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MySQL 5.7 Reference Manual  /  ...  /  Configuring MySQL to Use Secure Connections

6.4.4 Configuring MySQL to Use Secure Connections

To enable secure connections, the proper options must be used to specify the appropriate certificate and key files. For a complete list of options related to establishment of secure connections, see Section 6.4.5, “Command Options for Secure Connections”.

If you need to create the required certificate and key files, see Section 6.4.6, “Creating SSL and RSA Certificates and Keys”.

Server-Side Configuration for Secure Connections

To start the MySQL server so that it permits clients to connect securely, use options that identify the certificate and key files the server uses when establishing a secure connection:

  • --ssl-ca identifies the Certificate Authority (CA) certificate.

  • --ssl-cert identifies the server public key certificate. This can be sent to the client and authenticated against the CA certificate that it has.

  • --ssl-key identifies the server private key.

For example, start the server with these lines in the my.cnf file, changing the file names as necessary:


Each option names a file in PEM format. If you have a MySQL source distribution, you can test your setup using the demonstration certificate and key files in its mysql-test/std_data directory.

The server-side --ssl option value is enabled by default.

MySQL servers compiled using OpenSSL can generate missing certificate and key files automatically at startup. See Section, “Creating SSL and RSA Certificates and Keys using MySQL”.

The server performs certificate and key file autodiscovery. If --ssl is enabled (possibly along with --ssl-cipher) and other --ssl-xxx options are not given to configure secure connections explicitly, the server attempts to enable support for secure connections automatically at startup:

  • If the server discovers valid certificate and key files named ca.pem, server-cert.pem, and server-key.pem in the data directory, it enables support for secure connections by clients. (The files need not have been autogenerated; what matters is that they have the indicated names and are valid.)

  • If the server does not find valid certificate and key files in the data directory, it continues executing but does not enable secure connections.

If the server automatically enables support for secure connections, it writes a message to the error log. If the server discovers that the CA certificate is self-signed, it writes a warning to the error log. (The certificate will be self-signed if created automatically by the server or manually using mysql_ssl_rsa_setup.)

For any certificate and key files that the server discovers and uses automatically, it uses the file names to set the corresponding system variables (ssl_ca, ssl_cert, ssl_key).

For further control over whether clients must connect securely, use the require_secure_transport system variable; see Section 5.1.5, “Server System Variables”. For information about permitted encryption protocols and ciphers, see Section 6.4.3, “Secure Connection Protocols and Ciphers”.

Client-Side Configuration for Secure Connections

For client programs, options for secure connections are similar to those used on the server side, but --ssl-cert and --ssl-key identify the client public and private key:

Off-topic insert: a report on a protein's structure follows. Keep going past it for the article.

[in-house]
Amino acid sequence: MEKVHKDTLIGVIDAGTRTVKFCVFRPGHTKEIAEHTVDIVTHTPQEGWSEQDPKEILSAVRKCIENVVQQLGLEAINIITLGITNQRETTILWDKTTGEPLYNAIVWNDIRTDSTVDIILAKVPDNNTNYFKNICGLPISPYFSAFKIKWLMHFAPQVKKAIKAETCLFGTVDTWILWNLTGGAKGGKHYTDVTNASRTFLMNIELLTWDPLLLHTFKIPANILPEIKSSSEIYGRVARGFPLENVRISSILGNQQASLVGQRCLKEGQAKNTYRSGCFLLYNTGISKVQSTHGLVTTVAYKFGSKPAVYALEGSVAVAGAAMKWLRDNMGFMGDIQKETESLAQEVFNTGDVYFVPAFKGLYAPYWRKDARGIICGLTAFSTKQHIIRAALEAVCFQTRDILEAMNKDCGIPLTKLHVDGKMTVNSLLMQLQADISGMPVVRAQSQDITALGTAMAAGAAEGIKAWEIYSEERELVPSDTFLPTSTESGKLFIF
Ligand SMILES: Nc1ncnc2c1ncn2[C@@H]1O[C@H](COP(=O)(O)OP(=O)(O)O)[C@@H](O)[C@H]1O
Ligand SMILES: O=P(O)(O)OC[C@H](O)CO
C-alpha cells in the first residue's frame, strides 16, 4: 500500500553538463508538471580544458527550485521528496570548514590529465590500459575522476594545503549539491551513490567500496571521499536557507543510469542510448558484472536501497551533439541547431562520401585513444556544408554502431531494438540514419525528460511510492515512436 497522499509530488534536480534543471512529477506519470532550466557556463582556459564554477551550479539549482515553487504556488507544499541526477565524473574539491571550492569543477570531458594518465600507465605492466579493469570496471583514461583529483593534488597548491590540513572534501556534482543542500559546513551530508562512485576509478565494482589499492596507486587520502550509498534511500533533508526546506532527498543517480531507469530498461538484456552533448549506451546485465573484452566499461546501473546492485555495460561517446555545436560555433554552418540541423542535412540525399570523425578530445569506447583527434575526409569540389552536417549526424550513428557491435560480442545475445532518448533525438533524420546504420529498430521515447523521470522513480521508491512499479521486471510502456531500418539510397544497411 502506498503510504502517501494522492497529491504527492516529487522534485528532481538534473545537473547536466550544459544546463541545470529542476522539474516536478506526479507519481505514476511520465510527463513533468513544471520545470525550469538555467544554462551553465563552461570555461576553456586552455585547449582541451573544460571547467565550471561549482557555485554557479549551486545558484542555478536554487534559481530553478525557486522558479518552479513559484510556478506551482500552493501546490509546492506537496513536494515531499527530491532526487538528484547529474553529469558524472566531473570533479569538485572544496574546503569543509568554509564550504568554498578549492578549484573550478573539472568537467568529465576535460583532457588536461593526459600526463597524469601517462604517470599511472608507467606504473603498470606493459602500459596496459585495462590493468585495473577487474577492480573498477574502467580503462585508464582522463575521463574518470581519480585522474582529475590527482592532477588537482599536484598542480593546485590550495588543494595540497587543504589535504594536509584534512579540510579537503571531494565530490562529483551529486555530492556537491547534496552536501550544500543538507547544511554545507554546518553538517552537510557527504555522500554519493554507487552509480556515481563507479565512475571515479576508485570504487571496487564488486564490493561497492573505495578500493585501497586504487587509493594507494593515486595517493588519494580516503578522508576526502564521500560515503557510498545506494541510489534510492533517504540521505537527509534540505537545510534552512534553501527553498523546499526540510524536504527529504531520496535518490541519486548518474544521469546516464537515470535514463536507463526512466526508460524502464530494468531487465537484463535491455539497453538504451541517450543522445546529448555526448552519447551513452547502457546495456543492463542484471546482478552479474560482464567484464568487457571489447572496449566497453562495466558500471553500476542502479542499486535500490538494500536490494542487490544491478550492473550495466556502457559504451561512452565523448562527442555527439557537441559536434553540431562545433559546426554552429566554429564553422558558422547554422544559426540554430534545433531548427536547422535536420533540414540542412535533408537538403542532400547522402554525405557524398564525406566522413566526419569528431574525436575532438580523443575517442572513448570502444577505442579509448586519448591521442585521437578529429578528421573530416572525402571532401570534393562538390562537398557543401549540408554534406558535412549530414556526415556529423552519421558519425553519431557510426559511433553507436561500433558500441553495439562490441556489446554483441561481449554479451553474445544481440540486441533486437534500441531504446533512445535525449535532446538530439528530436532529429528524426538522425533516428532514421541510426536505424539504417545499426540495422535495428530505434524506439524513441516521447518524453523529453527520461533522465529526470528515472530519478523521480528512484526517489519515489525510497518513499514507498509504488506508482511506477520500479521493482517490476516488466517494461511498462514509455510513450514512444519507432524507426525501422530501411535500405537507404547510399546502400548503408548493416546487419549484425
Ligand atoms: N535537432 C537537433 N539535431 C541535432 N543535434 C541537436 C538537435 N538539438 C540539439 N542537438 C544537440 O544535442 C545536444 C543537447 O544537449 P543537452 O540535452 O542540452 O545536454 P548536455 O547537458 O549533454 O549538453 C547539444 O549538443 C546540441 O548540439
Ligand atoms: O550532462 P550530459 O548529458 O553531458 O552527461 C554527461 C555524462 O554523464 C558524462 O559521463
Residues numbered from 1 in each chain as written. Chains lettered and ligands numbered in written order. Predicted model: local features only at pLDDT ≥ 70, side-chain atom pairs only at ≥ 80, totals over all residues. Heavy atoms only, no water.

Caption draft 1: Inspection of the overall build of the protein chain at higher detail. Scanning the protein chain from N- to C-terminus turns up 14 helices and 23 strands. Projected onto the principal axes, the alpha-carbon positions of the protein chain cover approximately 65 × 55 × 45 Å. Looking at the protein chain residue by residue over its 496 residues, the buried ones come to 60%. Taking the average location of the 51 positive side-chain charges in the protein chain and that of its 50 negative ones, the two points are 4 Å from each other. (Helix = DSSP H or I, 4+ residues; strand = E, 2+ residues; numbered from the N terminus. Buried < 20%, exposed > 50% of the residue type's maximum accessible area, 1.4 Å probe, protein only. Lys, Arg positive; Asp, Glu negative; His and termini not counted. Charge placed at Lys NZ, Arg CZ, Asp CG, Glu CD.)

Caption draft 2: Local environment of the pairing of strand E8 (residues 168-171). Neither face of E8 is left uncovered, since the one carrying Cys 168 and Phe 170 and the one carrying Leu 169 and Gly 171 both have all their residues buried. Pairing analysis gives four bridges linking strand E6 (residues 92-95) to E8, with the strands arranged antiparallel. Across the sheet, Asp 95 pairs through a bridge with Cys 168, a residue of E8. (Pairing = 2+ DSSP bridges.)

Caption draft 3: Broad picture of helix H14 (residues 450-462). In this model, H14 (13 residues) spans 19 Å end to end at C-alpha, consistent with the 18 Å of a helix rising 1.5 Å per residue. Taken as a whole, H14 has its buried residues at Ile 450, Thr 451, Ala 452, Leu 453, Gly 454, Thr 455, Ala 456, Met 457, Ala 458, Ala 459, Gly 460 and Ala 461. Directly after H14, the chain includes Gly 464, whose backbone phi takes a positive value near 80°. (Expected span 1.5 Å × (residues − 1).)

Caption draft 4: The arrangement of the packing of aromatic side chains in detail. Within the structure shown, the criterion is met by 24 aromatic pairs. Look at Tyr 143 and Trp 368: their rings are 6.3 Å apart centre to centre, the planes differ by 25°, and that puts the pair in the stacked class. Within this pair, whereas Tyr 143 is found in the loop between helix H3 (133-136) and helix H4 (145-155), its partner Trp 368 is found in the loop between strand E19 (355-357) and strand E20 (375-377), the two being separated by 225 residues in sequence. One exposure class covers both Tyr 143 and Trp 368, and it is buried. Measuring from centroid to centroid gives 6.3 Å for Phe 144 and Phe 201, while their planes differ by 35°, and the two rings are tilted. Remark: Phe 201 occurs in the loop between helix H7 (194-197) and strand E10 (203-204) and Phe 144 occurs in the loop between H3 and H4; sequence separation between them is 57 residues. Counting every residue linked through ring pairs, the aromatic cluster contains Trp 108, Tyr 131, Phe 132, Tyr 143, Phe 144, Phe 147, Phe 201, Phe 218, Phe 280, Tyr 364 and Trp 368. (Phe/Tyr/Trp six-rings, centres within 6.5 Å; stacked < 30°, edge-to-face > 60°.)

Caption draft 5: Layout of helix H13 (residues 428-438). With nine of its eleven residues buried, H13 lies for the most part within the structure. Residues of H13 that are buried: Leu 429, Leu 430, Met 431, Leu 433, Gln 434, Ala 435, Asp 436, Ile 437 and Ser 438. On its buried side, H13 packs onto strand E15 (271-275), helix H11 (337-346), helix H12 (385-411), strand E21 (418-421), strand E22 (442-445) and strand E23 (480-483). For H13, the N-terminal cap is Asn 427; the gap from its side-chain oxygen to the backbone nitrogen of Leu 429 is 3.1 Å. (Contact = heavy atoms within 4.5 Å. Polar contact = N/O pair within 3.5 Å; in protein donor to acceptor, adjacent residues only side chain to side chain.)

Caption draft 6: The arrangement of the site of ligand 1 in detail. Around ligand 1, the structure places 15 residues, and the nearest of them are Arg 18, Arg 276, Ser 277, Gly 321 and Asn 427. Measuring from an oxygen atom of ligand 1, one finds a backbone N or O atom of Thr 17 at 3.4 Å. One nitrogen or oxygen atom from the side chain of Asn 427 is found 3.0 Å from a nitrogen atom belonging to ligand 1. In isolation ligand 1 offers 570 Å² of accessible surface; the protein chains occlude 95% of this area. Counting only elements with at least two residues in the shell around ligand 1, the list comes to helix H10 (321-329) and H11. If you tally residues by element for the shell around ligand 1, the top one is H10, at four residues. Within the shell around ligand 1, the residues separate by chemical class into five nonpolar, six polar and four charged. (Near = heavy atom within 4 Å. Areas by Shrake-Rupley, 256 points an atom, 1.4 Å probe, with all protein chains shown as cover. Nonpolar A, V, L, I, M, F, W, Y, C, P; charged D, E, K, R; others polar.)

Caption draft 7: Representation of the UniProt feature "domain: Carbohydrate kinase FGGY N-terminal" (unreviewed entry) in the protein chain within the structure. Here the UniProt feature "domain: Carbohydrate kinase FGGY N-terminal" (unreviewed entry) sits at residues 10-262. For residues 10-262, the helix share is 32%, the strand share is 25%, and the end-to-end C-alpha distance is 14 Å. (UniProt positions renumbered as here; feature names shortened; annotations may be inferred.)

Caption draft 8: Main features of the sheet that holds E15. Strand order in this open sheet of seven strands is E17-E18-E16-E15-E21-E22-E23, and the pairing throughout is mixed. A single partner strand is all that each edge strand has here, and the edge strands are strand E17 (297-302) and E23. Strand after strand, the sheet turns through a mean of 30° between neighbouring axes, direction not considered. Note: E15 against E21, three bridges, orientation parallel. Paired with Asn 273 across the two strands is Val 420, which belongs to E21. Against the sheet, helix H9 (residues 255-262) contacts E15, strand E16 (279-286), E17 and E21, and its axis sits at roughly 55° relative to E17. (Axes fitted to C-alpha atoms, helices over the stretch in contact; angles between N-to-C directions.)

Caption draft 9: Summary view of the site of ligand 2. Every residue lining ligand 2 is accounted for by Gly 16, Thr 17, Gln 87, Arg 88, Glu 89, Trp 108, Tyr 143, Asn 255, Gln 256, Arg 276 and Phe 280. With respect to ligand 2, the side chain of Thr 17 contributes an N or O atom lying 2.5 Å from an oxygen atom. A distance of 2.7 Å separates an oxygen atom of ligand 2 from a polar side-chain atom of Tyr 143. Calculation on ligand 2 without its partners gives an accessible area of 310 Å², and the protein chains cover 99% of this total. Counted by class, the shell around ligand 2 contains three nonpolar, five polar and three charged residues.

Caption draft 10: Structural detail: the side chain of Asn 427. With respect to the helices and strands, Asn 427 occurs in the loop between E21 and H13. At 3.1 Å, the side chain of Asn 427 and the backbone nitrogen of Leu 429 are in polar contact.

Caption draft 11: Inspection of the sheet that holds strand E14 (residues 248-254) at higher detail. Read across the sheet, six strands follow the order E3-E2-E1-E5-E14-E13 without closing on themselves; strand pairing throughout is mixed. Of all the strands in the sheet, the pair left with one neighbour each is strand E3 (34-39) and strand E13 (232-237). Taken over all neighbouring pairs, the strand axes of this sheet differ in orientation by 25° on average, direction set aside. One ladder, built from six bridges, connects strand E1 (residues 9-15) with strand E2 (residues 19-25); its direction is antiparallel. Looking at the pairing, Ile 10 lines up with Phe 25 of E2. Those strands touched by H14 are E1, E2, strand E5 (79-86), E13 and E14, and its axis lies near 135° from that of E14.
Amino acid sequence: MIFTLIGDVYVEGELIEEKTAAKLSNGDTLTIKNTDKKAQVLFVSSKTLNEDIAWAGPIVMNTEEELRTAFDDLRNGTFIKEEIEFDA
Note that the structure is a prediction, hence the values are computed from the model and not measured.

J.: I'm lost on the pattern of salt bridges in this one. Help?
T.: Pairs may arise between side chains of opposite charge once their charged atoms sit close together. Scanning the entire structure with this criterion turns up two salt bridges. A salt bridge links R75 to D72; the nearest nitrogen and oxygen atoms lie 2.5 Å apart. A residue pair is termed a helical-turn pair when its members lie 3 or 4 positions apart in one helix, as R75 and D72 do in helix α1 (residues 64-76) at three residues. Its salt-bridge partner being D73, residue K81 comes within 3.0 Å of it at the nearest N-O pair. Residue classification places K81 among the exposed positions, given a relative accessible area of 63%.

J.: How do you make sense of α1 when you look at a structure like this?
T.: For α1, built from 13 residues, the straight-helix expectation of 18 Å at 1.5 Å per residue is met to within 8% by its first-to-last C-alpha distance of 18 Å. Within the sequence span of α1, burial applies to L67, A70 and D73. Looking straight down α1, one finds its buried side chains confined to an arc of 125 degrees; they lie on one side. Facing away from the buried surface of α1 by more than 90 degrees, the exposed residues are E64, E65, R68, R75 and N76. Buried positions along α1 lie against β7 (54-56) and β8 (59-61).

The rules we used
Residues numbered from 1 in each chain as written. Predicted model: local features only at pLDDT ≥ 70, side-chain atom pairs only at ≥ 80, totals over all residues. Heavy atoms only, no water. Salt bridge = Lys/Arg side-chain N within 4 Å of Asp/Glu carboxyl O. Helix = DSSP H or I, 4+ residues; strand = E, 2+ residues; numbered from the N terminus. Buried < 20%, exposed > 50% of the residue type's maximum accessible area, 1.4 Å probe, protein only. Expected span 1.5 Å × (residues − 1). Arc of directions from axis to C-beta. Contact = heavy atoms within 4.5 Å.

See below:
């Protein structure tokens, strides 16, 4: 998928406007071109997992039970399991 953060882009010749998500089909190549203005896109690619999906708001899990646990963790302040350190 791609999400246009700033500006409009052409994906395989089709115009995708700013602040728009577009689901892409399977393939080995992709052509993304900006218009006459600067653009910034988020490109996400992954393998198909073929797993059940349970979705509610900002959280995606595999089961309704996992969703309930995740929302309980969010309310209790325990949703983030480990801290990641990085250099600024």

• --ssl-ca identifies the Certificate Authority (CA) certificate. This option, if used, must specify the same certificate used by the server.

  • --ssl-cert identifies the client public key certificate.

  • --ssl-key identifies the client private key.

To connect securely to a MySQL server that supports secure connections, the options that a client must specify depend on the encryption requirements of the MySQL account used by the client. (See the discussion of the REQUIRE clause in Section, “CREATE USER Syntax”.)

Suppose that you want to connect using an account that has no special encryption requirements or was created using a CREATE USER statement that includes the REQUIRE SSL option. As a recommended set of secure-connection options, start the server with at least --ssl-cert and --ssl-key, and invoke the client with --ssl-ca. A client can connect securely like this:

shell> mysql --ssl-ca=ca.pem

To require that a client certificate also be specified, create the account using the REQUIRE X509 option. Then the client must also specify the proper client key and certificate files or the server will reject the connection:

shell> mysql --ssl-ca=ca.pem \
       --ssl-cert=client-cert.pem \

To prevent use of encryption and override other --ssl-xxx options, invoke the client program with --ssl-mode=DISABLED, --ssl=0, or a synonym (--skip-ssl, --disable-ssl):

shell> mysql --ssl-mode=DISABLED

Client programs attempt to establish a secure connection by default whenever the server supports secure connections:

For information about permitted encryption protocols and ciphers, see Section 6.4.3, “Secure Connection Protocols and Ciphers”.

A client can determine whether the current connection with the server uses encryption by checking the value of the Ssl_cipher status variable. If the value is empty, the connection is not encrypted. Otherwise, the connection is encrypted and the value indicates the encryption cipher. For example:

mysql> SHOW STATUS LIKE 'Ssl_cipher';
| Variable_name | Value              |
| Ssl_cipher    | DHE-RSA-AES256-SHA |

For the mysql client, an alternative is to use the STATUS or \s command and check the SSL line:

mysql> \s
SSL: Cipher in use is DHE-RSA-AES256-SHA


mysql> \s
SSL: Not in use

C API Configuration for Secure Connections

The C API enables application programs to use secure connections:

Replication uses the C API, so secure connections can be used between master and slave servers. See Section 16.3.8, “Setting Up Replication to Use Secure Connections”.

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